On the popular track, he says, “You wanna know what’s more important than throwin’ away money at a strip club? Credit. You ever wonder why Jewish people own all the property in America? This how they did it.”
Several Hov fans and Twitter spectators voiced their distaste for the line, with many finding it insulting, to say the least. On Thursday (July 6), a representative for the Anti-Defamation League reached out to Rolling Stone, and although they don’t feel JAY-Z’s intention was to promote anti-Semitism, they do feel like it plays into anti-Semitic stereotypes.
“The lyric does seem to play into deep-seated anti-Semitic stereotypes about Jews and money,” said the rep from the organization. “The idea that Jews ‘own all the property’ in this country and have used credit to financially get ahead are odious and false. Yet, such notions have lingered in society for decades, and we are concerned that this lyric could feed into preconceived notions about Jews and alleged Jewish ‘control’ of the banks and finance.”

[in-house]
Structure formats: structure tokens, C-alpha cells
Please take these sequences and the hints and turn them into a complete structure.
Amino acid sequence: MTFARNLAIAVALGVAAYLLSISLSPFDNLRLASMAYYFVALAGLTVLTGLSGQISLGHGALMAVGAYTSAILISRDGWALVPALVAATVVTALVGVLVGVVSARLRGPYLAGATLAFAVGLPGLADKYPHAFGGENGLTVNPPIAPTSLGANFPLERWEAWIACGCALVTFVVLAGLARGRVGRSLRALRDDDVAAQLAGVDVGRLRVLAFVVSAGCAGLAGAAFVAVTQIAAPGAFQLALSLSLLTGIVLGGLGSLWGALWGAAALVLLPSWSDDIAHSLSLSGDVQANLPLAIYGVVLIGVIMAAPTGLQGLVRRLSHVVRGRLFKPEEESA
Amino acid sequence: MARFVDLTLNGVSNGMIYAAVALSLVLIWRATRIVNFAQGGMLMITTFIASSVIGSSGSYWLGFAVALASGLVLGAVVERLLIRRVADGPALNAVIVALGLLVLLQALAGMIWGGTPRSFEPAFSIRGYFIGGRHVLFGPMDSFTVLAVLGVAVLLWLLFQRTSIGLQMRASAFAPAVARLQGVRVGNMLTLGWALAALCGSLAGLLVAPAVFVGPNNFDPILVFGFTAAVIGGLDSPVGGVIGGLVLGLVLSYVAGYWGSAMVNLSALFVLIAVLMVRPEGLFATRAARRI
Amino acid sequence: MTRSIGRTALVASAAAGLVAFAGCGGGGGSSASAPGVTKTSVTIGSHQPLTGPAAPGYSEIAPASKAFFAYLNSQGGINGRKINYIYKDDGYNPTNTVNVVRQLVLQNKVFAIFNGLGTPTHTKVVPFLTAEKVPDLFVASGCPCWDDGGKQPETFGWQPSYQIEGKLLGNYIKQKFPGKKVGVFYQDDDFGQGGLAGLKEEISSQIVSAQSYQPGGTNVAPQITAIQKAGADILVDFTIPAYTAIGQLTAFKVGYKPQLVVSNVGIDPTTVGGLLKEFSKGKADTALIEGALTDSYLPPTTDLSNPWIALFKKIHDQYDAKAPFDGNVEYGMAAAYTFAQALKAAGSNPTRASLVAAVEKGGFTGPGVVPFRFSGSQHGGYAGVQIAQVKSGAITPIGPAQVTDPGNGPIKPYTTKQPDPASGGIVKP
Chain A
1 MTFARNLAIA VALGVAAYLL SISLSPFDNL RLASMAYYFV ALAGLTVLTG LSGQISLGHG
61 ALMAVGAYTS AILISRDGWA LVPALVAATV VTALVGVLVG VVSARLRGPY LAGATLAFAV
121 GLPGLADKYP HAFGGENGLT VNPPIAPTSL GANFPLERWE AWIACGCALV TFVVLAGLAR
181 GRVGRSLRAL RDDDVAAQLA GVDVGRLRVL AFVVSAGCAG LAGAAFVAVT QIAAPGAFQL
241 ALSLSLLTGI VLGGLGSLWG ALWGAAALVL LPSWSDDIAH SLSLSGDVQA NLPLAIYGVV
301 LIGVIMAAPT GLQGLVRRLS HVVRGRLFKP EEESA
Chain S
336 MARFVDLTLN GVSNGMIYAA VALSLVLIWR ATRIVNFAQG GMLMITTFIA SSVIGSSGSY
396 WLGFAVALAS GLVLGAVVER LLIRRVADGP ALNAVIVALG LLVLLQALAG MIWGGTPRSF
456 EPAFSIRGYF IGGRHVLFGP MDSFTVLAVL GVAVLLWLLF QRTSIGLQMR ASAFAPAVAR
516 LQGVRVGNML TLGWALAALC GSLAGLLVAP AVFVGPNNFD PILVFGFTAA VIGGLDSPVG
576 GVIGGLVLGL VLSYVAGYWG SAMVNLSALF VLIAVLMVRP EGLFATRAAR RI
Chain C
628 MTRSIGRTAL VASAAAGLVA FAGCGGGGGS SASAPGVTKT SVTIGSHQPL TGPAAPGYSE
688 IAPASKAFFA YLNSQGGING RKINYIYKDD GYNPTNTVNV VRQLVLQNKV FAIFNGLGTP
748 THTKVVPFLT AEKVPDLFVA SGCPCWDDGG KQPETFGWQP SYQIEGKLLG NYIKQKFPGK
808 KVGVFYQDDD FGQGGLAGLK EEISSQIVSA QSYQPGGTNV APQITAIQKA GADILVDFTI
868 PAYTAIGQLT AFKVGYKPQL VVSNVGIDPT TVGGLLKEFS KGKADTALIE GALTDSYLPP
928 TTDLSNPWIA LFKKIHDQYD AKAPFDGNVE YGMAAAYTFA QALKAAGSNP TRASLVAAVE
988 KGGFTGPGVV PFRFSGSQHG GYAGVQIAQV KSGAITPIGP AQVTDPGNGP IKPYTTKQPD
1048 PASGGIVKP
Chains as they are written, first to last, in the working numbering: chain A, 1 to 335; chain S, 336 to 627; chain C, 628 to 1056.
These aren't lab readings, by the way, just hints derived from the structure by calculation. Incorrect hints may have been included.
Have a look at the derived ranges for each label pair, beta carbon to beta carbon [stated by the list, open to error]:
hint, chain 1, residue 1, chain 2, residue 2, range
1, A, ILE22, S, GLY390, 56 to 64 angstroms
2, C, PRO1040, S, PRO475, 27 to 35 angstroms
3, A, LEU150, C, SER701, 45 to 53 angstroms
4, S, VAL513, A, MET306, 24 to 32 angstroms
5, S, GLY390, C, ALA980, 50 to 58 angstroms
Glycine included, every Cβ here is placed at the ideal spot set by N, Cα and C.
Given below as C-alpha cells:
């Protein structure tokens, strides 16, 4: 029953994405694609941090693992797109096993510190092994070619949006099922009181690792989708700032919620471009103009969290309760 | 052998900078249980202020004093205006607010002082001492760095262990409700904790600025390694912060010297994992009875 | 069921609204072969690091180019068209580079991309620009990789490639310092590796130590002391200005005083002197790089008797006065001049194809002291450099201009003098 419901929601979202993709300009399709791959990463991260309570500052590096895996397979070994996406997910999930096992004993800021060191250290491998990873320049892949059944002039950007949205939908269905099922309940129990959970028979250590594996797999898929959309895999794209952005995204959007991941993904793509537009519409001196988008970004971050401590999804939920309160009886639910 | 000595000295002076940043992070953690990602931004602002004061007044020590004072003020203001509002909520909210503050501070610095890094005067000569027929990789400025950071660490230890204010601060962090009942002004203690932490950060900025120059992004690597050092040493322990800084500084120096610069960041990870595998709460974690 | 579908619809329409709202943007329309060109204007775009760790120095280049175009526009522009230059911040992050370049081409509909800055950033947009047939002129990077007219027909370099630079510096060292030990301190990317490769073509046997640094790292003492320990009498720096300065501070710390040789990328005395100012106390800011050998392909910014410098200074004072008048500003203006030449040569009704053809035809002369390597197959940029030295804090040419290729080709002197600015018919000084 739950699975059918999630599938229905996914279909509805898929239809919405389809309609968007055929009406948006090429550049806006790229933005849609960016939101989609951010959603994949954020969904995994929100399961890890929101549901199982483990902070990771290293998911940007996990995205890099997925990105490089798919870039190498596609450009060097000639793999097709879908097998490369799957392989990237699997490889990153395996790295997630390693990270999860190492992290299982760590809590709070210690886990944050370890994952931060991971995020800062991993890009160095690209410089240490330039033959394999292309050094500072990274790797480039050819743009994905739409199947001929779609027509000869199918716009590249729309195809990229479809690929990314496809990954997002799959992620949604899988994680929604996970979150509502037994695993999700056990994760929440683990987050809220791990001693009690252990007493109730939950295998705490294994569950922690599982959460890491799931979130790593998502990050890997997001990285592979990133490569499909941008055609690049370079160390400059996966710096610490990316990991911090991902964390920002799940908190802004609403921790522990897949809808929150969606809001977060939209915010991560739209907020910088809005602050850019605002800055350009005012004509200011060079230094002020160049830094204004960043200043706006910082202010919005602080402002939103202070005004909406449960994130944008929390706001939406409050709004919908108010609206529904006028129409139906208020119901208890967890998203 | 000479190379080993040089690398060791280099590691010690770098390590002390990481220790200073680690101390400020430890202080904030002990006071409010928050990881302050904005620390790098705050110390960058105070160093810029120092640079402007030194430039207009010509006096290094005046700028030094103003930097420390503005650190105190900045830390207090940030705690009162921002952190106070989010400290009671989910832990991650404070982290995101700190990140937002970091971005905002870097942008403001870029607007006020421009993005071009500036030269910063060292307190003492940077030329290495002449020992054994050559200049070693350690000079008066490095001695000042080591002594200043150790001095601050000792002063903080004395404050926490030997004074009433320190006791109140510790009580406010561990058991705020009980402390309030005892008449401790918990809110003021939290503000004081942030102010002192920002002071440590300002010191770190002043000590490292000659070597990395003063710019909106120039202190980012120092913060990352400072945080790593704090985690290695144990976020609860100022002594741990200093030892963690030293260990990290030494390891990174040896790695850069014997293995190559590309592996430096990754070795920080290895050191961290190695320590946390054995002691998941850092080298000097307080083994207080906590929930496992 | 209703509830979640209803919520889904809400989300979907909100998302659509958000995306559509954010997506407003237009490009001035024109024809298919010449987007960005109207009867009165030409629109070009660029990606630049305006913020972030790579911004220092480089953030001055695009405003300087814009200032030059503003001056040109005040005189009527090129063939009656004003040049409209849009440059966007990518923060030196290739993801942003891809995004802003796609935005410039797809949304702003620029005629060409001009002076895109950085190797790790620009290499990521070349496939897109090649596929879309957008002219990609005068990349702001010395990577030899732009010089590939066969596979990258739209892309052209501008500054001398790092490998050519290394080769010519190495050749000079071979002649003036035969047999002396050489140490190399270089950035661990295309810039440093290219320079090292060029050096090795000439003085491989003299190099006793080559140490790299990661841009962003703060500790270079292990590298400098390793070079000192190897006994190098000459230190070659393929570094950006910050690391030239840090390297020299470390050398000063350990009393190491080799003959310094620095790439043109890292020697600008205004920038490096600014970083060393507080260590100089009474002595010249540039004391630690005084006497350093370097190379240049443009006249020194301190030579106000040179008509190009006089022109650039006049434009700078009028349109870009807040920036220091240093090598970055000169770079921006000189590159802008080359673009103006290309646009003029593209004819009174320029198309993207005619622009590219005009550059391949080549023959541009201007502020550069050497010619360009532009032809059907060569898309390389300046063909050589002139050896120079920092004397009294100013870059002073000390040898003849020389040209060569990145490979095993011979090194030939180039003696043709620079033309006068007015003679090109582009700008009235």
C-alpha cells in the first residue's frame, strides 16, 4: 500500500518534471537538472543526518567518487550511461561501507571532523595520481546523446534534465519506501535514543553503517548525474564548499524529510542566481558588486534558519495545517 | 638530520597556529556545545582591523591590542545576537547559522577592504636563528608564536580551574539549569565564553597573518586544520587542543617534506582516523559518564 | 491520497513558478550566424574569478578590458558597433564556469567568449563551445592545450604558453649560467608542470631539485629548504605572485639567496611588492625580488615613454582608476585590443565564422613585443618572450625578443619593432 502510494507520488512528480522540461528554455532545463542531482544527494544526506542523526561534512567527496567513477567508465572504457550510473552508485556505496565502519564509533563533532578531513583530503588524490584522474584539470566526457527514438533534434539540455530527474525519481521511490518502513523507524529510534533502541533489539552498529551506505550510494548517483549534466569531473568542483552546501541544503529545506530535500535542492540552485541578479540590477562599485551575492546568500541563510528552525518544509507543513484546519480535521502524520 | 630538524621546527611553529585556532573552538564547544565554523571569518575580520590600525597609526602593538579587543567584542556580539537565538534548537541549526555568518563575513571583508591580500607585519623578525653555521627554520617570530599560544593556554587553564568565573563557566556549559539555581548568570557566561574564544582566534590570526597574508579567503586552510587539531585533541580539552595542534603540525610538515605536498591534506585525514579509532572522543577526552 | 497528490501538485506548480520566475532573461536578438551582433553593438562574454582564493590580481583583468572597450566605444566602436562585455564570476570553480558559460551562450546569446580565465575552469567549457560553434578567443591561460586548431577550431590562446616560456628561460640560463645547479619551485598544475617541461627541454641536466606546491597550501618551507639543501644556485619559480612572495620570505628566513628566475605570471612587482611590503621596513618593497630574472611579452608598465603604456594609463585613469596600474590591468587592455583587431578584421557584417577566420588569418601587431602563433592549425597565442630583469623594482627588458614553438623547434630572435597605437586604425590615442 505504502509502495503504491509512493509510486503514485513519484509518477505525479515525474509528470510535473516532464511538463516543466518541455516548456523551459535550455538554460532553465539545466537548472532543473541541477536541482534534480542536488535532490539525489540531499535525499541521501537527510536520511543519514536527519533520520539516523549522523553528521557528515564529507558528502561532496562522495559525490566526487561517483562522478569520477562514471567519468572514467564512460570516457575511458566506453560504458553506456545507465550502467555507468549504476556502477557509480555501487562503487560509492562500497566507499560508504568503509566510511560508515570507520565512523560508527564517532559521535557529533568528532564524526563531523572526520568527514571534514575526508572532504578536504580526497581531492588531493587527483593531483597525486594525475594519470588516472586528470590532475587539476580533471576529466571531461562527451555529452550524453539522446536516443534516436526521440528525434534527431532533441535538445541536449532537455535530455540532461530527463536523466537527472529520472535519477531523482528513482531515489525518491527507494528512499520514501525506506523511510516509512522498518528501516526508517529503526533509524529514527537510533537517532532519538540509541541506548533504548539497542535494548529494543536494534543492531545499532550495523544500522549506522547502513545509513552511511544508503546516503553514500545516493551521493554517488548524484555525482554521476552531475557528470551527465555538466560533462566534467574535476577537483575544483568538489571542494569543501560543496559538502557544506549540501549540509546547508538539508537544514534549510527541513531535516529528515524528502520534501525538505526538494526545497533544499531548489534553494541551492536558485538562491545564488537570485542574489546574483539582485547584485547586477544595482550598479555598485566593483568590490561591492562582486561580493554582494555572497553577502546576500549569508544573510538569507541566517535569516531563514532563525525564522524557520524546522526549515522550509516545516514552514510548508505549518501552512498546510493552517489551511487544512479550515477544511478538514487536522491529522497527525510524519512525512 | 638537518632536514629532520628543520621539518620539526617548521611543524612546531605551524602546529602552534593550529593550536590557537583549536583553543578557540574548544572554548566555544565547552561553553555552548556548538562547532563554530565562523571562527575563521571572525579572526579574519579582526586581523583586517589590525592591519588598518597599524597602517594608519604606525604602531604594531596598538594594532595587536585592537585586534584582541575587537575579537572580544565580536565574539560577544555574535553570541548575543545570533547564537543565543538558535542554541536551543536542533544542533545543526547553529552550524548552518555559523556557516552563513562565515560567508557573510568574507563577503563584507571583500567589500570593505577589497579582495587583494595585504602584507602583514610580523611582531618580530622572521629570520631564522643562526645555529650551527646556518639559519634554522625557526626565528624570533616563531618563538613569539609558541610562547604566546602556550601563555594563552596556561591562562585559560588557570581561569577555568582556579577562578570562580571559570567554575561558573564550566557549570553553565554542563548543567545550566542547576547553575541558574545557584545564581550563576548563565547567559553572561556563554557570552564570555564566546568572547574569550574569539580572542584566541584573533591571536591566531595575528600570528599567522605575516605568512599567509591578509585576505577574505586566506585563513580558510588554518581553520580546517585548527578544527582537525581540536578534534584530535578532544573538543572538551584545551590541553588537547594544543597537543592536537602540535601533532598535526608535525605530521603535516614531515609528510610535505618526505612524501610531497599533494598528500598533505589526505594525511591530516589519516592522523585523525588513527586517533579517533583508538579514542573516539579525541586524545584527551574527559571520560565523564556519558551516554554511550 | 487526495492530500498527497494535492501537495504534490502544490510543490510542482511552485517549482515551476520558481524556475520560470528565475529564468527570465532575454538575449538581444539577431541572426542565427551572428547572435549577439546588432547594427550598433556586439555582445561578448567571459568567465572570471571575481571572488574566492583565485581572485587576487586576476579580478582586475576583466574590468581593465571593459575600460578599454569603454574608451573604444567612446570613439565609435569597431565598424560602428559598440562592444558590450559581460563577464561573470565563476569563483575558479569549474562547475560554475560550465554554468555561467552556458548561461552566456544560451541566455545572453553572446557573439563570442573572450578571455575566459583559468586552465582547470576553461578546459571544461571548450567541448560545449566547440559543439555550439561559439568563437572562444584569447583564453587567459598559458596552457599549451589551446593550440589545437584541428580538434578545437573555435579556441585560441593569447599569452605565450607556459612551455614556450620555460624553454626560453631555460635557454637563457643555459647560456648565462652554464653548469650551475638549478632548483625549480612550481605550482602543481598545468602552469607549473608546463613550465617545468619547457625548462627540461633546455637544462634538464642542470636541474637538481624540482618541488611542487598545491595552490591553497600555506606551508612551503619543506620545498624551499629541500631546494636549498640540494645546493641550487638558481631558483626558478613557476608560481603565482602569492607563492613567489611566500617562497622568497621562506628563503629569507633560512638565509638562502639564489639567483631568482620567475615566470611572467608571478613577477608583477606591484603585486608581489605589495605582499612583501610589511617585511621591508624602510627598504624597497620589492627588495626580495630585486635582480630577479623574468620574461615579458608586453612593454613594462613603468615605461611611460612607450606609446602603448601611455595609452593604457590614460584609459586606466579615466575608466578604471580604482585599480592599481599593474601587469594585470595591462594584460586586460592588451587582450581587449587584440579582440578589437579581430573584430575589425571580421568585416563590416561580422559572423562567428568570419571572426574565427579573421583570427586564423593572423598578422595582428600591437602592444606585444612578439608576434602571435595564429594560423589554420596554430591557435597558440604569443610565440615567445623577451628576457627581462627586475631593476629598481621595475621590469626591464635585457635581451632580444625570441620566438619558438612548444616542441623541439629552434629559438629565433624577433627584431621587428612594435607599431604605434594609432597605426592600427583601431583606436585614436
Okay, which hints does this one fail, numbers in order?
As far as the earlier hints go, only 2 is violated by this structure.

On the flip, music industry insiders came to his defense, including Russell Simmons and Guy Oseary, who posted on Instagram, “If you read the lyrics out of context I can understand why people are jumping to that conclusion” before adding that he believes it was simply supposed to be taken as a compliment.
Simmons interjected on Twitter Tuesday (July 4), and called those who saw a problem with the line “mischief makers.” “The fact is this culture that promotes good business and financial well being is and has been a guiding light to the black [sic] and specifically the hip-hop community,” writes Rush.
This isn’t the only issue some people have with “The Story of O.J.” Even rappers have found it offensive. Both Future and Blac Youngsta have taken to social media this week with their “money phones” as a response to the bars, “Y’all on the ‘gram holdin’ money to your ear/There’s a disconnect, we don’t call that money over here.”